Cubist still life and female figure, c. 1914
Pencil on paper 277 x 227 mm With the atelier stamp numbered 20 on the reverse
In 1909, art student Otto Gutfreund discovers the work of Antoine Bourdelle at an exhibition in Prague. Under this stimulus, he travels to Paris and for a year follows lessons with the famous sculptor. Gutfreund’s new, expressionist visual language shows a cubist influence from 1912 on, and the principles of analytic cubism quickly gain the upper hand. The aim is no longer for a harmony of continuous ‘general’ forms but rather a subjective intervention that dissolves the motif through sharp contrasts. Now it is about creating an independent, sculptural space out of discontinuous movements. The sculpture suggestively conducts the viewer’s gaze, the gaze that can again reassemble the broken up, rearranged masses. Gutfreund’s cubist drawings are autonomous works as well as being project-designs for sculptures, as with Morning Toilette (1911) and Cubist Bust (1914). In contrast to the ‘heaviness’ of the final sculptures – that indeed have the advantage of revealing all facets to the enveloping gaze – the drawings are remarkably light. In a few planes and lines the figures are decomposed and displayed to the viewer as recomposable. The expressive fragments of some drawings are no longer present in the completed sculpture. Gutfreund was very much aware of the complex nature of the creative process. In 1913, for example, he notes that the new sculpture has a ‘tendency to contain an abundance in a single point, to enrich a single view from elements of other views, to condense an entire abundance into each view. This leads to new formal possibilities, new conditions and new questions. The solution to these questions is the task of a strong individuality; they will not be solved theoretically, but intuitively, in agreement with other sensibilities. The answer will emerge from the given preconditions of the age and its views.’
Estate of the artist Acquired by Eric Estorick (Grosvenor Gallery, London) in the 1960s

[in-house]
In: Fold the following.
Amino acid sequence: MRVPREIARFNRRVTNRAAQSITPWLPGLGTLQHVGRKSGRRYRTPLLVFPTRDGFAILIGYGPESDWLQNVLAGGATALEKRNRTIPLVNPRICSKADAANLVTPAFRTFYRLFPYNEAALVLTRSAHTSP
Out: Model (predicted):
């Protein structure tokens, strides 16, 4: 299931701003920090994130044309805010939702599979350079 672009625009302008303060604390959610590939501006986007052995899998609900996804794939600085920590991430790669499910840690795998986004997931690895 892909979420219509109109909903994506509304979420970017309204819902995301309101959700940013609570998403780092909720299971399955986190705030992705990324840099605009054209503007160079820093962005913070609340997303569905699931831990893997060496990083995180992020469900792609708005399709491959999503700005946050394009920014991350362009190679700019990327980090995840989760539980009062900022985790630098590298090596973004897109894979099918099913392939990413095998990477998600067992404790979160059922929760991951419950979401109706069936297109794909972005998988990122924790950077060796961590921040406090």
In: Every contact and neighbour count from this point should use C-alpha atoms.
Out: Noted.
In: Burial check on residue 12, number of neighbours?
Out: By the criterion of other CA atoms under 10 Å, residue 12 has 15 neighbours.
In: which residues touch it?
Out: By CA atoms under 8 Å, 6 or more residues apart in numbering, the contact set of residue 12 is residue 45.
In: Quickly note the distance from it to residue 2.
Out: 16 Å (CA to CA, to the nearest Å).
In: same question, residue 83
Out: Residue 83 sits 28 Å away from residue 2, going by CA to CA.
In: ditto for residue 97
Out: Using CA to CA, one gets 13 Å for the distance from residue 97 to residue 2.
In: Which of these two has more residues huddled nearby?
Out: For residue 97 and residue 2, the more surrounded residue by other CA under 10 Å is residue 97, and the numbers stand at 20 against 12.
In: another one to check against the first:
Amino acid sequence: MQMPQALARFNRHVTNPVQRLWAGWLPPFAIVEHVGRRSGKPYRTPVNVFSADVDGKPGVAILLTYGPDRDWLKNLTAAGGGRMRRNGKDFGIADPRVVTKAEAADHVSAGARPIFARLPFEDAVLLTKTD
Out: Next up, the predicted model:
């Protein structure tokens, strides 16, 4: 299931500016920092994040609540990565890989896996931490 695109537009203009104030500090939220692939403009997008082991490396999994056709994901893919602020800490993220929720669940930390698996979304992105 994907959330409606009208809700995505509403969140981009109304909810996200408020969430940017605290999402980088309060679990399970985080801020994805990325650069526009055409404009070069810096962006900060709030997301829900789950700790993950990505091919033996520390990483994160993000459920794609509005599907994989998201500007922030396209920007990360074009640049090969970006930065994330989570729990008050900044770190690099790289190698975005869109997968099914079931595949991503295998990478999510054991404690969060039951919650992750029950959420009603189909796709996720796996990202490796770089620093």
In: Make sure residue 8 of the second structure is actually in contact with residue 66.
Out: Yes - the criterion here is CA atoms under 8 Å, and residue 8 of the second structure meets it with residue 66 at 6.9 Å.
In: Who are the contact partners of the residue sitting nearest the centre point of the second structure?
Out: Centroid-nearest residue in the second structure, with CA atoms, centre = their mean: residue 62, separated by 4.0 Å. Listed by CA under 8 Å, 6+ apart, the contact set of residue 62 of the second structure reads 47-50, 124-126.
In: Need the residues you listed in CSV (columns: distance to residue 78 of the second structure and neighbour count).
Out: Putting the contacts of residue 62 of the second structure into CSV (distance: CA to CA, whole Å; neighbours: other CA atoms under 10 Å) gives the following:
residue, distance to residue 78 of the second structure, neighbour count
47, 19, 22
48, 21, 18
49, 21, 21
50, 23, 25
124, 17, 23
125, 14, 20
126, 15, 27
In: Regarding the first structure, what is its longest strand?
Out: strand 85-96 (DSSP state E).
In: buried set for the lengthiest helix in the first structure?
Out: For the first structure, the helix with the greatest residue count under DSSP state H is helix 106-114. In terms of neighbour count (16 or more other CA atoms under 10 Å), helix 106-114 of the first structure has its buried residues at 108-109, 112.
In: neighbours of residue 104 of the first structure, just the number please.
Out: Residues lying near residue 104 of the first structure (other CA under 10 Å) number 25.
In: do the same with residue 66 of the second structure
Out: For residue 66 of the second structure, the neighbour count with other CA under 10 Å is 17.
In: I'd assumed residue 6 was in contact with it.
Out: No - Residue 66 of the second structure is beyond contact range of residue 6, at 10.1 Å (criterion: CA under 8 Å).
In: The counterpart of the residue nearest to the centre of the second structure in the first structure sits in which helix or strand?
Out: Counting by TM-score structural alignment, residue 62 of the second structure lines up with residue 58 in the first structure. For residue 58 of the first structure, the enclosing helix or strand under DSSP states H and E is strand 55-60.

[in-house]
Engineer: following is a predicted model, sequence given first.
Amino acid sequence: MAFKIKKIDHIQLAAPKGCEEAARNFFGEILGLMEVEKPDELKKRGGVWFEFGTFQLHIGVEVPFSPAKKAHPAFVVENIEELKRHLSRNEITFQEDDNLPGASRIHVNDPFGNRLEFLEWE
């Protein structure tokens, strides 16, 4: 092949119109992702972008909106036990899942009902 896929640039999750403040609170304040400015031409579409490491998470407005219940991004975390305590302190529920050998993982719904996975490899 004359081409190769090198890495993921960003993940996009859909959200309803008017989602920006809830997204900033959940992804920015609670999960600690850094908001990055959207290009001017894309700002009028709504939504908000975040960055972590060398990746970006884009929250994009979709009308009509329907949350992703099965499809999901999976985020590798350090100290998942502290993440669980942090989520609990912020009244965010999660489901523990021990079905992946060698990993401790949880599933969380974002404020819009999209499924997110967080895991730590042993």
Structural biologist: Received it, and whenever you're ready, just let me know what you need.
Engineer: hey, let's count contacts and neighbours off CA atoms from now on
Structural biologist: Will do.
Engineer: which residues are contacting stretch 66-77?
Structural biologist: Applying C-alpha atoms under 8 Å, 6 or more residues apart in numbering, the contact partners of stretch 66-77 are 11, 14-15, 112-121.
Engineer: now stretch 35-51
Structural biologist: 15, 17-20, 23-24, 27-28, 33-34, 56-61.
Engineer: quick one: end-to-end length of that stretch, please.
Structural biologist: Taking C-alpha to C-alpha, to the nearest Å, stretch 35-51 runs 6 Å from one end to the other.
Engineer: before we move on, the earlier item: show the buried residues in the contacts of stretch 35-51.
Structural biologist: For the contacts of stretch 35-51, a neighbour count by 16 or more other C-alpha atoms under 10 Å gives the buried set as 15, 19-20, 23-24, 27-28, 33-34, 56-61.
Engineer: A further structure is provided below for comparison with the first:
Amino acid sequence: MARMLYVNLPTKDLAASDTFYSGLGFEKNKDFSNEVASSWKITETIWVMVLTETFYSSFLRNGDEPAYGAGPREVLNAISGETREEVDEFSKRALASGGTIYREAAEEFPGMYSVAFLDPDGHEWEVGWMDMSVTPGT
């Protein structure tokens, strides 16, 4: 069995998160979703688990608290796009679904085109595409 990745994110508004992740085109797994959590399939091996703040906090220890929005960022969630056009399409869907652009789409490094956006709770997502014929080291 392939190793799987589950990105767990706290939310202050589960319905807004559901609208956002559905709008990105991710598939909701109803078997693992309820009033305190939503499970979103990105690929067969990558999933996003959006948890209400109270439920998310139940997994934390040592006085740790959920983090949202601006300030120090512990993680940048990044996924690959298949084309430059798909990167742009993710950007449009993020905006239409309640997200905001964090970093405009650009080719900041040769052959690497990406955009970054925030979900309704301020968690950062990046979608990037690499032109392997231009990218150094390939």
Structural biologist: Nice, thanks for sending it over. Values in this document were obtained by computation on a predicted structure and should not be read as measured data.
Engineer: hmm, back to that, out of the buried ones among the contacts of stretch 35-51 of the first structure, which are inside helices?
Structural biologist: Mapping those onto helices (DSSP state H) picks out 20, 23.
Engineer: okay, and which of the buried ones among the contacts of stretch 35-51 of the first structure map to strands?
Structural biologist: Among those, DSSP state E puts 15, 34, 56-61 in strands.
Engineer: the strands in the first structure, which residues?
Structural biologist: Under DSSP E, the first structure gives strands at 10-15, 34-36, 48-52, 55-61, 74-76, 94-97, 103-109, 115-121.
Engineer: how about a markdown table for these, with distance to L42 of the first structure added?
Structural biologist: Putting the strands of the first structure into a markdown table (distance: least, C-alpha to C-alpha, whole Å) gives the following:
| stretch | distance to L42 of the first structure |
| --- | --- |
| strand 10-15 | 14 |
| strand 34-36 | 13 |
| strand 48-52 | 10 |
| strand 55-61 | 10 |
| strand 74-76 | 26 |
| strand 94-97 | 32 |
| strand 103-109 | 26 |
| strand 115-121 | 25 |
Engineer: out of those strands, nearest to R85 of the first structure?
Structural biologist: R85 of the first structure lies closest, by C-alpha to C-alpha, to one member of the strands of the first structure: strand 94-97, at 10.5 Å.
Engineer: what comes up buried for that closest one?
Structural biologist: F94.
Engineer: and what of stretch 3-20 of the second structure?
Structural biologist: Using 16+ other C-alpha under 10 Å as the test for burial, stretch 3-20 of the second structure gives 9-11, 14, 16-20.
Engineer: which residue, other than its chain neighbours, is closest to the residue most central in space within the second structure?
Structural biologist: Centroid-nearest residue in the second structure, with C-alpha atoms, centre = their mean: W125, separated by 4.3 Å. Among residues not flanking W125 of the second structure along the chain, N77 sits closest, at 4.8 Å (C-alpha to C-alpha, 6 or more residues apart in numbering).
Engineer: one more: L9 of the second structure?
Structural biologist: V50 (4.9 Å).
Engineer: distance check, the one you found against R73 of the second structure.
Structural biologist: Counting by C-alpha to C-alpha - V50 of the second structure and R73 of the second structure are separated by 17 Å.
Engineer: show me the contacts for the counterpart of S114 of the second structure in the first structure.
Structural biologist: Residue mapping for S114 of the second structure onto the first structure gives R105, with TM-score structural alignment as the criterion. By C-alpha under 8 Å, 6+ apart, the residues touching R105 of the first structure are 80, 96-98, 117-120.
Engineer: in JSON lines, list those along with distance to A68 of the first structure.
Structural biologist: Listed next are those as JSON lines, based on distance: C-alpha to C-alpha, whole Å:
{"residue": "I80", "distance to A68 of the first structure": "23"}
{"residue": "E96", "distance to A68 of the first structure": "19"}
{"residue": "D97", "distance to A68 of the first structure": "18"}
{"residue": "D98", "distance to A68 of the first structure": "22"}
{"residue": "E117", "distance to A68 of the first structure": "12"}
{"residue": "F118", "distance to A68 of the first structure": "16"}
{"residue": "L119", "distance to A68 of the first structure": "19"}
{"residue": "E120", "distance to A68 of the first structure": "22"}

Otto Gutfreund, born in 1889, is one of the few modern Czech sculptors to have attained an international reputation beyond the borders of his own country. During a crucial phase in the development of European sculpture, Gutfreund kept abreast of developments, developed a distinctive style of his own and consequently exerted an influence on the European avant-garde. Gutfreund grew up in a Jewish environment in a small town in northern Bohemia. After attending a pottery school at Bechyne from 1903 and the Prague School for the Decorative and Applied Arts from 1906 to 1909, Otto Gutfreund went to Paris to study under Émile-Antoine Bourdelle, who taught the sculpture class at the private Acadédmie de la Grande Chaumière. Gutfreund worked in Bourdelle's studio until 1910. His direct experience of contemporary painting in Paris moulded Gutfreund's definition of his aims as a sculptor and the path his work would follow: 'Being a sculptor does not just mean being able to model. The sculptor must be a mathematician in the first instance, who builds mass in according to a deliberate plan, that means he must be an architect.' After visiting several western European cities, Otto Gutfreund returned to Prague in 1910, where he joined the group of artists known as 'Skupina výtvarných umelcu v Praze', whose first (of four) shows was mounted at the Prague parish hall in 1912. Gutfreund showed some sculptures at the first 'Deutscher Herbstsalon' in 1913 and was also represented at Herwarth Walden's Berlin gallery, Der Sturm, as well as the Goltz salon in Munich. Gutfreund, who was by then on the threshold of Cubism after his personal experience of the Paris school, developed these leanings further along with the Czech painters Emil Filla and Bohumil Kubiëta, becoming a leading exponent of Cubist sculpture with Picasso and Archipenko. After serving in the first world war, when he was interned in a camp in Provence, Otto Gutfreund eked out a living doing odd jobs in Paris from 1918. After gradually recovering his creative powers, Gutfreund returned to Prague in 1920. There he joined the artists' association 'SVU Mánes' in 1921. After experimenting briefly with Constructivism in 1919, Gutfreund returned to figuration in the 1920s. In 1926 he was appointed professor of architectural sculpture at the Prague School for the Decorative and Applied Arts. Only a year later Otto Gutfreund drowned himself in the Moldau on 2 June 1927.